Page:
Feminism…there are many different voices in feminism. There was, it seems to me, a perversion of feminism for a while that seemed to define it as “down with men, down with marriage, down with motherhood.” You know, down with everything women had ever done to attract men, the brutes. Down with everything men had ever done in history, the male chauvinist pigs, the patriarchs, the brutes. There was a germ of truth in it, but basically it expressed the anger. But it was, it seems to me, ideologically and politically and actually fallacious. There wouldn’t have been the life-opening, life-changing effect of the women’s movement if that had been really its main message. The thrust was, for me, equal participation in society. And then that changes everything, including marriage, including children, motherhood. The other one of the two very important things the Women’s Movement has done has been the movement for equality in every field and the movement of women into making the decisions and defining the terms, not just men, and the whole question of choice — those have been very important things.
oob: How should modern feminists deal with backlash from “angry white men?”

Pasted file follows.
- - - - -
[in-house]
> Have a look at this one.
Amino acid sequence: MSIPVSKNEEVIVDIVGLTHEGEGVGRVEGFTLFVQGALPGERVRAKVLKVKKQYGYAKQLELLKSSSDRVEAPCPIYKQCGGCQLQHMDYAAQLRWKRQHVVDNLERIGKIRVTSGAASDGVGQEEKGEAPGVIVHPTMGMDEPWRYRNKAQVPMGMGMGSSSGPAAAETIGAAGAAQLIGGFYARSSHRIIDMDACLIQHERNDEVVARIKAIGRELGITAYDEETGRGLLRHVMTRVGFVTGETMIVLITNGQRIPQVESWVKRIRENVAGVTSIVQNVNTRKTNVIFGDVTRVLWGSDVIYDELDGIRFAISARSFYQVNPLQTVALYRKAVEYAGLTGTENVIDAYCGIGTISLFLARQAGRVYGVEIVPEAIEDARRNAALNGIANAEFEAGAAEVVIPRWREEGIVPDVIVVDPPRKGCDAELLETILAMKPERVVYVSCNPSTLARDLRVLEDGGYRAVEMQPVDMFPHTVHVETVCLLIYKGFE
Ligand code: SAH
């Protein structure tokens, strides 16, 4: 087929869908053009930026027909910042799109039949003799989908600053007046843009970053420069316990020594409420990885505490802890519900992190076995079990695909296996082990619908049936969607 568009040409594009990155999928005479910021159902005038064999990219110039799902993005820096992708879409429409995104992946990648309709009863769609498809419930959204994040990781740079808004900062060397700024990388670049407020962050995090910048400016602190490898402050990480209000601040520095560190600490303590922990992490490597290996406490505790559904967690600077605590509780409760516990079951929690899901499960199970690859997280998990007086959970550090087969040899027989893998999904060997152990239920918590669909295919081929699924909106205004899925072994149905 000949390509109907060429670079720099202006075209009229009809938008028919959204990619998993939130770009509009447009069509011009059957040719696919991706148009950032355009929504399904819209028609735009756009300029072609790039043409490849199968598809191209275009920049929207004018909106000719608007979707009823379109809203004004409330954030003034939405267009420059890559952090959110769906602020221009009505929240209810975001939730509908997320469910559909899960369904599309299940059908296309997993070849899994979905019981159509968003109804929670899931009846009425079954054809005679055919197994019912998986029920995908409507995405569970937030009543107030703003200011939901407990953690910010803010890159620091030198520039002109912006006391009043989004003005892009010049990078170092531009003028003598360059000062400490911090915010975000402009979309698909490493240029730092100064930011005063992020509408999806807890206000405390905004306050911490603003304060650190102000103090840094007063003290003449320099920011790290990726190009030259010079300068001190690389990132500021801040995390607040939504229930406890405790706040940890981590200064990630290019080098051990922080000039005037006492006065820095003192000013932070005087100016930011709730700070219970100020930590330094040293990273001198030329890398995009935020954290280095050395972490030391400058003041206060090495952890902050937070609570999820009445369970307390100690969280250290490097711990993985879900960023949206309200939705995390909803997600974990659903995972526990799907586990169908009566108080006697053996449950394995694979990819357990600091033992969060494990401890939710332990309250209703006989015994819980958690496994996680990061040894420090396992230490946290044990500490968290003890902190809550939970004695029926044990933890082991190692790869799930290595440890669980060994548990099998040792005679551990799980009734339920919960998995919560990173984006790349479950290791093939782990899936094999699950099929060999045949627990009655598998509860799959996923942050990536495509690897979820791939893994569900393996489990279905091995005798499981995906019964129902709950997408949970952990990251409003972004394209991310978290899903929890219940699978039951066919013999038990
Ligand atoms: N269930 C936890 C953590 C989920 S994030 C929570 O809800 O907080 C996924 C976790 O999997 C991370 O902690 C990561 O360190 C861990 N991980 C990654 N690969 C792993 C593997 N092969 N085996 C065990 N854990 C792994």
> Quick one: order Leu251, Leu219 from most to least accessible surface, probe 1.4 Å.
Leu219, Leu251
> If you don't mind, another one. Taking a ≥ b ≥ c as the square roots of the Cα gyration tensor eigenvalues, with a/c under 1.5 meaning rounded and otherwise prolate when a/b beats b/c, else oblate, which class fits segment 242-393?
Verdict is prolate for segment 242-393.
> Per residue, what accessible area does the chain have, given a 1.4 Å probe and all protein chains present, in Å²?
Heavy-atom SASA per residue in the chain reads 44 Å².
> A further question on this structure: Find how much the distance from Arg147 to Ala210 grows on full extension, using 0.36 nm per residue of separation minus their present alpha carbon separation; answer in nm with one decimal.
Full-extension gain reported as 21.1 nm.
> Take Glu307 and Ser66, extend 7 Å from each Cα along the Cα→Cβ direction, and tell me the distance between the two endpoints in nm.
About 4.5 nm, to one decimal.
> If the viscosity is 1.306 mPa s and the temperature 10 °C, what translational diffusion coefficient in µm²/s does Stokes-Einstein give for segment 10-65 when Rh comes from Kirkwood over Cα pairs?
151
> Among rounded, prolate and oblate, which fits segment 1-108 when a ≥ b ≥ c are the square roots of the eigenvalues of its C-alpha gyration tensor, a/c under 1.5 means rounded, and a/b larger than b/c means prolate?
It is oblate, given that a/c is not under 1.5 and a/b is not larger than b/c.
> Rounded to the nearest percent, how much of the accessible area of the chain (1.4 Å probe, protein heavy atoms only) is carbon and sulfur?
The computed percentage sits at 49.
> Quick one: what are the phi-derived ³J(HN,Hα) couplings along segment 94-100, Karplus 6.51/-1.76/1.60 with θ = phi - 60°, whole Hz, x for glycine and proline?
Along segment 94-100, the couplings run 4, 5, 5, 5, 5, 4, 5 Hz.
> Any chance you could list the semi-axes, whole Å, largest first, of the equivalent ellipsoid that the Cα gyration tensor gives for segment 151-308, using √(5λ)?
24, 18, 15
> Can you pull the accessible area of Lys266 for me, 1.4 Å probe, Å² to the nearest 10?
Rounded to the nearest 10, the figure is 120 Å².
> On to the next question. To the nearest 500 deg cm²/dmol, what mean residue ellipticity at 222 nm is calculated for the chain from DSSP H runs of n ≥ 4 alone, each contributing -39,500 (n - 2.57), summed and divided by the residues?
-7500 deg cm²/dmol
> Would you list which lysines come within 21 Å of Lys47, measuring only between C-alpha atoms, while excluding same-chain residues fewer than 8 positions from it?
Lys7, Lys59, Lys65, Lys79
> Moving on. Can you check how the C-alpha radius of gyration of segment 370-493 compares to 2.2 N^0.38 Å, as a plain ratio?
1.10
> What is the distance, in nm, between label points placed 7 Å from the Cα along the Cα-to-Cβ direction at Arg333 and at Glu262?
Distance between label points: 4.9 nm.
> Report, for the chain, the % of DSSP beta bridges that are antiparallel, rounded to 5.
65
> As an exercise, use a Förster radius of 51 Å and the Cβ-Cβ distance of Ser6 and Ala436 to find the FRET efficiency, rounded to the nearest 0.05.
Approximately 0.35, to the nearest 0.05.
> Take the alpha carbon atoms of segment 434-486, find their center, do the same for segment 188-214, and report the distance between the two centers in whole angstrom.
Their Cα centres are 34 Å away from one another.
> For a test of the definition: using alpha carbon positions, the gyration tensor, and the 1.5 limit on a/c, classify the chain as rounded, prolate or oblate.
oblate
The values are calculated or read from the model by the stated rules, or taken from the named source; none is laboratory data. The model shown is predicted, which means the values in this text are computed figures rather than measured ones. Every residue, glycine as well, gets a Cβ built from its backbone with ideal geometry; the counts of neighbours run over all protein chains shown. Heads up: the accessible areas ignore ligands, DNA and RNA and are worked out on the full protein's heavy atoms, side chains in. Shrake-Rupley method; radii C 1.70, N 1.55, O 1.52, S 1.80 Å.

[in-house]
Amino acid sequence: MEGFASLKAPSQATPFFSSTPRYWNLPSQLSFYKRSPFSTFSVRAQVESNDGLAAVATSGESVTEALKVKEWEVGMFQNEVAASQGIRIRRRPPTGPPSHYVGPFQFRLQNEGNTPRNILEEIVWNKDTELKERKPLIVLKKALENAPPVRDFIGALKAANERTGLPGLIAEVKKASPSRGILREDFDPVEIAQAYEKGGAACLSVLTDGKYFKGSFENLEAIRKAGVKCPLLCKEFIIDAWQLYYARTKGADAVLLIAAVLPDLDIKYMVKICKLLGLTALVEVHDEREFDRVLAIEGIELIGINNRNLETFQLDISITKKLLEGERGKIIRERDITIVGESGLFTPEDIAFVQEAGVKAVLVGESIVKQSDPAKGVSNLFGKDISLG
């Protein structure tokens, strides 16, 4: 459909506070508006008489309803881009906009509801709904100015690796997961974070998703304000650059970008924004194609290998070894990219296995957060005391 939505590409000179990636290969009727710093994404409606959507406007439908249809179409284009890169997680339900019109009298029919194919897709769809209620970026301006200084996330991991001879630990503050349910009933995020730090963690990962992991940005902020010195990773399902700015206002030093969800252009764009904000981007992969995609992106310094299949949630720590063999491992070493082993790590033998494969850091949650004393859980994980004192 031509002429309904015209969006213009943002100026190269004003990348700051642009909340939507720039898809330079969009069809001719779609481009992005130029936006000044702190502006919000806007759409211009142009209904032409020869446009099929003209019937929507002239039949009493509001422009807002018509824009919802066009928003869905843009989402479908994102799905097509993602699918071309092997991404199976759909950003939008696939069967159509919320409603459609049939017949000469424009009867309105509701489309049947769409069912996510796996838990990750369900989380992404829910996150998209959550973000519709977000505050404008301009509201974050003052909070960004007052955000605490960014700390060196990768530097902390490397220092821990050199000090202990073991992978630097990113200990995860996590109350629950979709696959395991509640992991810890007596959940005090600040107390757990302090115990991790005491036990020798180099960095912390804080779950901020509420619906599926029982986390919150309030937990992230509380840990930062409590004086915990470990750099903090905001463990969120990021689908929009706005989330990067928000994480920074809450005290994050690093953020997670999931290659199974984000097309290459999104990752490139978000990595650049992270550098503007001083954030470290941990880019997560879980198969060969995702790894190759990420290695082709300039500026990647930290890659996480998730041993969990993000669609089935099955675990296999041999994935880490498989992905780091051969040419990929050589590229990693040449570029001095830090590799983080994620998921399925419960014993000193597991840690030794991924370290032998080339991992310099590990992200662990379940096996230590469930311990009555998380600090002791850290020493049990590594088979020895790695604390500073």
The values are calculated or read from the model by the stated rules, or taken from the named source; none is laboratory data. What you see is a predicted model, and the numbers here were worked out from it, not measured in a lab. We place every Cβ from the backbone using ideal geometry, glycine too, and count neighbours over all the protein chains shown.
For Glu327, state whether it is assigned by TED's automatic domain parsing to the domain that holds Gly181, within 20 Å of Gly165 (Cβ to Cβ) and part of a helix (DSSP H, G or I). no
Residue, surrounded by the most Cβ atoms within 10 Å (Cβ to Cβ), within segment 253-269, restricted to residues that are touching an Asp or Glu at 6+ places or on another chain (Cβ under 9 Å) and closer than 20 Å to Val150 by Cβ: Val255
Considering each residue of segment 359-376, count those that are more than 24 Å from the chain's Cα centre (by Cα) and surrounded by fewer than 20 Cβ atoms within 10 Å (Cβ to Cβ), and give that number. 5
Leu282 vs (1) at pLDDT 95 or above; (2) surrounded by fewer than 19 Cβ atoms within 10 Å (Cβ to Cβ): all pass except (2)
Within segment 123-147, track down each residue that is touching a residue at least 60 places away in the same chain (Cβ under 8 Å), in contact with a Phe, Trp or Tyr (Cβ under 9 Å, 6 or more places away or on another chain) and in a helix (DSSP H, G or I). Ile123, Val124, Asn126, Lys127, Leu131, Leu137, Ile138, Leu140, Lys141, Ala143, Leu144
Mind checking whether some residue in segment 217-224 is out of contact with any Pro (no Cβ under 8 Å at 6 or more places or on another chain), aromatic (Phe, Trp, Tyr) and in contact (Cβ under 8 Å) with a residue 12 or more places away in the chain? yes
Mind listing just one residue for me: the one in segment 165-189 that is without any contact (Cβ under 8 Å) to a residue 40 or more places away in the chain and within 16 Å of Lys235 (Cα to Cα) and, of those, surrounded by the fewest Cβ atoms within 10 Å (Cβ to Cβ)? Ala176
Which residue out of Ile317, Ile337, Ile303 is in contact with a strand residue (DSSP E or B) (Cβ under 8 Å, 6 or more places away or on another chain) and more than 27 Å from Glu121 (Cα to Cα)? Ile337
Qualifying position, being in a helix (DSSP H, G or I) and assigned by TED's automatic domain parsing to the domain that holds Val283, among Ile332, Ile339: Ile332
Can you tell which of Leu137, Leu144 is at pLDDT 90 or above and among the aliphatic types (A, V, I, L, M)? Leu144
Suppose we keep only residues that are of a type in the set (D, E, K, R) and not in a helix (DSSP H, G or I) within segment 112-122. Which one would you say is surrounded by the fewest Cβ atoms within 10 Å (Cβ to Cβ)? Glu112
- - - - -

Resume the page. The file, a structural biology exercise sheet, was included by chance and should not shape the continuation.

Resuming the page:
BF: Well, I don’t see that much backlash. I think that if this economy falls, then you will see backlash. Women are easily scapegoated for men’s frustration. If there is increased violence against women, and I’m not sure there is, it may be that women are not accepting what they’ve passively had to accept and be victims of before. They didn’t have a word for sex discrimination a few years ago, much less sexual harassment, so it may be just that women are not accepting what use to be considered man’s right. It’s no longer [a] man’s right to beat [his] wife, not only in the United States, but as a result of Beijing and the whole Women’s Movement worldwide, even in UN documents it’s no longer a man’s right to beat his wife. But if there is increased violence against women in the US now, I think it’s because frustrations of men are being taken out on women. It is men, and college educated white men that have suffered nearly a 20% drop in income in the last six or seven years, not the upper two or ten percent of the very rich, but 80% have incomes that have stagnated or declined. The downsizing has hit mainly men and men can no longer count on that steady progression in [a] life-long career or profession, a job that used to define men’s masculinity. I think that they may be taking this out on women, and women have often been the scapegoat of men’s frustration in times of economic uncertainty.